III. G RAPH R EPRESENTATION Skeleton word images are represented by graphs based on keypoints that include endpoints, intersections, and corner points of circular structures. Not only keypoints, but also their connections are represented by graph nodes. This results in graphs without edges. Not using edges has the advantage that an optimal graph edit distance, which is used for the extraction of graph similarity features described in Section IV, can be calculated in polynomial instead of exponential time. At the same time, if the density of the nodes is high enough, the essential structural information is still preserved, although no edges are present. To derive a word graph from a word skeleton, a node is added to the word graph for each skeleton keypoint and is labelled with its position (x, y) ∈ IR2 . Keypoints include endpoints with one direct neighbor, intersections with more than two direct neighbors, and the upper left corner point of circular structures. After all keypoints have been included in the word graph, connection points are added. Given a skeleton connection between two keypoints in form of a pixel chain (x1 , y1 ), . . . , (xm , ym ), connection points are inserted at regular distance D along that chain. Hereby, the distance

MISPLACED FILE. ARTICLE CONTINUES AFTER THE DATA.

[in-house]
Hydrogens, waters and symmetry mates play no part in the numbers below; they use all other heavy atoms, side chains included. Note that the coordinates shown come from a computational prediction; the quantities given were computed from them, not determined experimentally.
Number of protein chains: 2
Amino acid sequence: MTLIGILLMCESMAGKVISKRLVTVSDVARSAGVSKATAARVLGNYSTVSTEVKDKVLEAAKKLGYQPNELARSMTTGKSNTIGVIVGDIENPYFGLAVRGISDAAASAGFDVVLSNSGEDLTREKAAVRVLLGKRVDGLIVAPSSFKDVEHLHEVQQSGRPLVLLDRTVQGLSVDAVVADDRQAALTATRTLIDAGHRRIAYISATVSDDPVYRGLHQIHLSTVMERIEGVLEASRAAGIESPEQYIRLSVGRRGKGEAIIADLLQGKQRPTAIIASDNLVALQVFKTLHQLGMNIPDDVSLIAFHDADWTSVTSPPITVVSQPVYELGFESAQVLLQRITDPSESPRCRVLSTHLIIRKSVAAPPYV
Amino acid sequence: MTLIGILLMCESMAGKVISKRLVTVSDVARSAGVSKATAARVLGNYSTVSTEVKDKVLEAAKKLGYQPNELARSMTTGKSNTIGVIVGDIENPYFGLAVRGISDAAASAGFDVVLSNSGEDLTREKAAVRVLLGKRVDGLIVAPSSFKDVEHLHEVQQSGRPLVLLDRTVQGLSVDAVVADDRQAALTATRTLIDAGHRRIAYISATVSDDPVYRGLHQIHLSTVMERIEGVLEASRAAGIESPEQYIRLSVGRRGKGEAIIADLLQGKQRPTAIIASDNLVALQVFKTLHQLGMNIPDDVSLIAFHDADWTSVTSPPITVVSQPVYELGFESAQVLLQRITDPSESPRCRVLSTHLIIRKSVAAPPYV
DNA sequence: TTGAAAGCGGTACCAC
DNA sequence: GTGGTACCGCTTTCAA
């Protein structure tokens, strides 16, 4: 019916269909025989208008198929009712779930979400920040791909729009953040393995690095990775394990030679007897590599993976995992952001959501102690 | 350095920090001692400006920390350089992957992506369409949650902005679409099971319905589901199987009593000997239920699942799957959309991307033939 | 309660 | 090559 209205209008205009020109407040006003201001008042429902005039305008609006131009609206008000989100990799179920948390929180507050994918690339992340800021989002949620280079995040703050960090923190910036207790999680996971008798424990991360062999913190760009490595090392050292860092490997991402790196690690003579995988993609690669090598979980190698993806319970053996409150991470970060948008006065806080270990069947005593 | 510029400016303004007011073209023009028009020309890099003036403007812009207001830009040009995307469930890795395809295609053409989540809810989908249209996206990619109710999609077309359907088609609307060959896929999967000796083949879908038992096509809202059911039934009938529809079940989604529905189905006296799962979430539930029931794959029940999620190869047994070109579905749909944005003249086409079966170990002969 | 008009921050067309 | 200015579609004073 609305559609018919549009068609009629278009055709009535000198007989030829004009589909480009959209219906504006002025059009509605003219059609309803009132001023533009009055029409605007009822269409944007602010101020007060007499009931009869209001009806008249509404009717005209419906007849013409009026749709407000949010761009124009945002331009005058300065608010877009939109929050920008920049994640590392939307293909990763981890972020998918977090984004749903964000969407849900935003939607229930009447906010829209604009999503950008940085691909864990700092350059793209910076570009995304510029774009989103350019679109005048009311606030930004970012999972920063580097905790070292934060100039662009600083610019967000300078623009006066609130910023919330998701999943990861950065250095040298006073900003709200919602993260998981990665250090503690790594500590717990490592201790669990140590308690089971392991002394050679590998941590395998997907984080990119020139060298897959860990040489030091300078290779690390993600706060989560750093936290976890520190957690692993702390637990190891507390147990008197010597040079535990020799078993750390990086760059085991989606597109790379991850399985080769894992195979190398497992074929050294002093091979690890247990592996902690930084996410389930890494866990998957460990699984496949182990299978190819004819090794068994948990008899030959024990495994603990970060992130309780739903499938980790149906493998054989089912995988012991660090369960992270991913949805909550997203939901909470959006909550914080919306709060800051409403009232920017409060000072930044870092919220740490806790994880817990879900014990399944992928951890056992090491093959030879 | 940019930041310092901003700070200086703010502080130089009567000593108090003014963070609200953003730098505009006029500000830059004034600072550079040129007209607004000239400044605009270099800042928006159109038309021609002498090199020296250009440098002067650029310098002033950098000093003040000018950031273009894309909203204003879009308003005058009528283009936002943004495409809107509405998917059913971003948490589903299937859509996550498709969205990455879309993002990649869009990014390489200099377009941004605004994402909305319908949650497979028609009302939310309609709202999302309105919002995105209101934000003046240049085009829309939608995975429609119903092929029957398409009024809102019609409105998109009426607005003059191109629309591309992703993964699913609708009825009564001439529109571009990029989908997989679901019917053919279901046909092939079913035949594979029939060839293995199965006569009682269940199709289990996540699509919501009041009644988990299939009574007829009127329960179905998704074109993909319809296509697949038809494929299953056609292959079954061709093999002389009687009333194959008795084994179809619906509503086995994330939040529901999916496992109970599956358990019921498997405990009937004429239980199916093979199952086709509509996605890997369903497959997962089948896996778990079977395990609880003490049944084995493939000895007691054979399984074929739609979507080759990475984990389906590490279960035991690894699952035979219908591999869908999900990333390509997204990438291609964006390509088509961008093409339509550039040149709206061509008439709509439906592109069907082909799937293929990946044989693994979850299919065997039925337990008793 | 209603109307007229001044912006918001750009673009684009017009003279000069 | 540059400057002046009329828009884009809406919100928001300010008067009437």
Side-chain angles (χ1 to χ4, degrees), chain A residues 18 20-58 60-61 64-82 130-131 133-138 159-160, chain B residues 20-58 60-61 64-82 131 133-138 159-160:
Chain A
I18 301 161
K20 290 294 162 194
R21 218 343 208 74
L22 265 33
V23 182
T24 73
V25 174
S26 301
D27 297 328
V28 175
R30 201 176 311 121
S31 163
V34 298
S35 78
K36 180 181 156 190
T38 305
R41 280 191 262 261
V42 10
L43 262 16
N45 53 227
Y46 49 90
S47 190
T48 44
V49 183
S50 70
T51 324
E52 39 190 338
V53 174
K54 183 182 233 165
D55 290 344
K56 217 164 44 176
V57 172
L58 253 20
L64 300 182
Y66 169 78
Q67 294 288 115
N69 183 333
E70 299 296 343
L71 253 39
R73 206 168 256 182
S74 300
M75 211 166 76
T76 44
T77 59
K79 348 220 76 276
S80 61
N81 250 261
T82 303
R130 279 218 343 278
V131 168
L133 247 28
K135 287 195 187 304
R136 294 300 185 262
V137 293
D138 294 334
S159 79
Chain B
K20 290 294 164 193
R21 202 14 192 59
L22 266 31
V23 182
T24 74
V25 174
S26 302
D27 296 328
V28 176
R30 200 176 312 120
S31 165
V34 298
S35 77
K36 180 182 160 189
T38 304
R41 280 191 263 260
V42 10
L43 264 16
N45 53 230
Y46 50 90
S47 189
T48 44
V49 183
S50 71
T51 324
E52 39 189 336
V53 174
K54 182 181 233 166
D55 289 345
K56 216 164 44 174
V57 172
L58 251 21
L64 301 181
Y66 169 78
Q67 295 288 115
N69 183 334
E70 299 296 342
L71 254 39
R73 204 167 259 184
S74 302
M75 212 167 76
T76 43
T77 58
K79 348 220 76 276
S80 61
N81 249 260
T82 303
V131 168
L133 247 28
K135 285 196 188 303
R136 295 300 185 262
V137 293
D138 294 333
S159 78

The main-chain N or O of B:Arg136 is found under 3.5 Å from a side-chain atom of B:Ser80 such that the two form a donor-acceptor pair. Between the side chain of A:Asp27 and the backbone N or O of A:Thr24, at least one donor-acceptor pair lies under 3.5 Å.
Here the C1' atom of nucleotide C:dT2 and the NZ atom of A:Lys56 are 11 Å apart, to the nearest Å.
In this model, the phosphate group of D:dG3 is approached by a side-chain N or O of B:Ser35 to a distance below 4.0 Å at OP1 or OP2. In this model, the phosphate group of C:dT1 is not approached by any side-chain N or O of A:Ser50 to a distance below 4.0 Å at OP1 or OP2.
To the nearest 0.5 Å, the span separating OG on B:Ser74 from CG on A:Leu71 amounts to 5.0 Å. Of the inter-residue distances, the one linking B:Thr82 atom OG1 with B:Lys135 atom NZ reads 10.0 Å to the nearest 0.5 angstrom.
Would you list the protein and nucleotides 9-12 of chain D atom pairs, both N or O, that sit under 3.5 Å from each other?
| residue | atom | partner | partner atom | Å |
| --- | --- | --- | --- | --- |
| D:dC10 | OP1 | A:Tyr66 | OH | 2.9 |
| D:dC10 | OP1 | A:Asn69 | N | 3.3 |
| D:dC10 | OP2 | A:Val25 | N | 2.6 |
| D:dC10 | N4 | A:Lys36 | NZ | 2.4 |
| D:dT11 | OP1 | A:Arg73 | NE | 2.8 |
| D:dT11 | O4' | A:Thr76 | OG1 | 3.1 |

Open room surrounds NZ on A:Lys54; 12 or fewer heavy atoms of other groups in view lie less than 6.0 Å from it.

Figure 3. Embedding of the word graph “von” with respect to the character prototype graph “v” (D=5.0). Figure 2. Handwriting graphs of the word “von” for D = 9.0 (left) and D = 5.0 (right). The text foreground is shown light gray and the skeleton dark gray. Keypoint nodes are indicated with white circles and connection point nodes with black circles.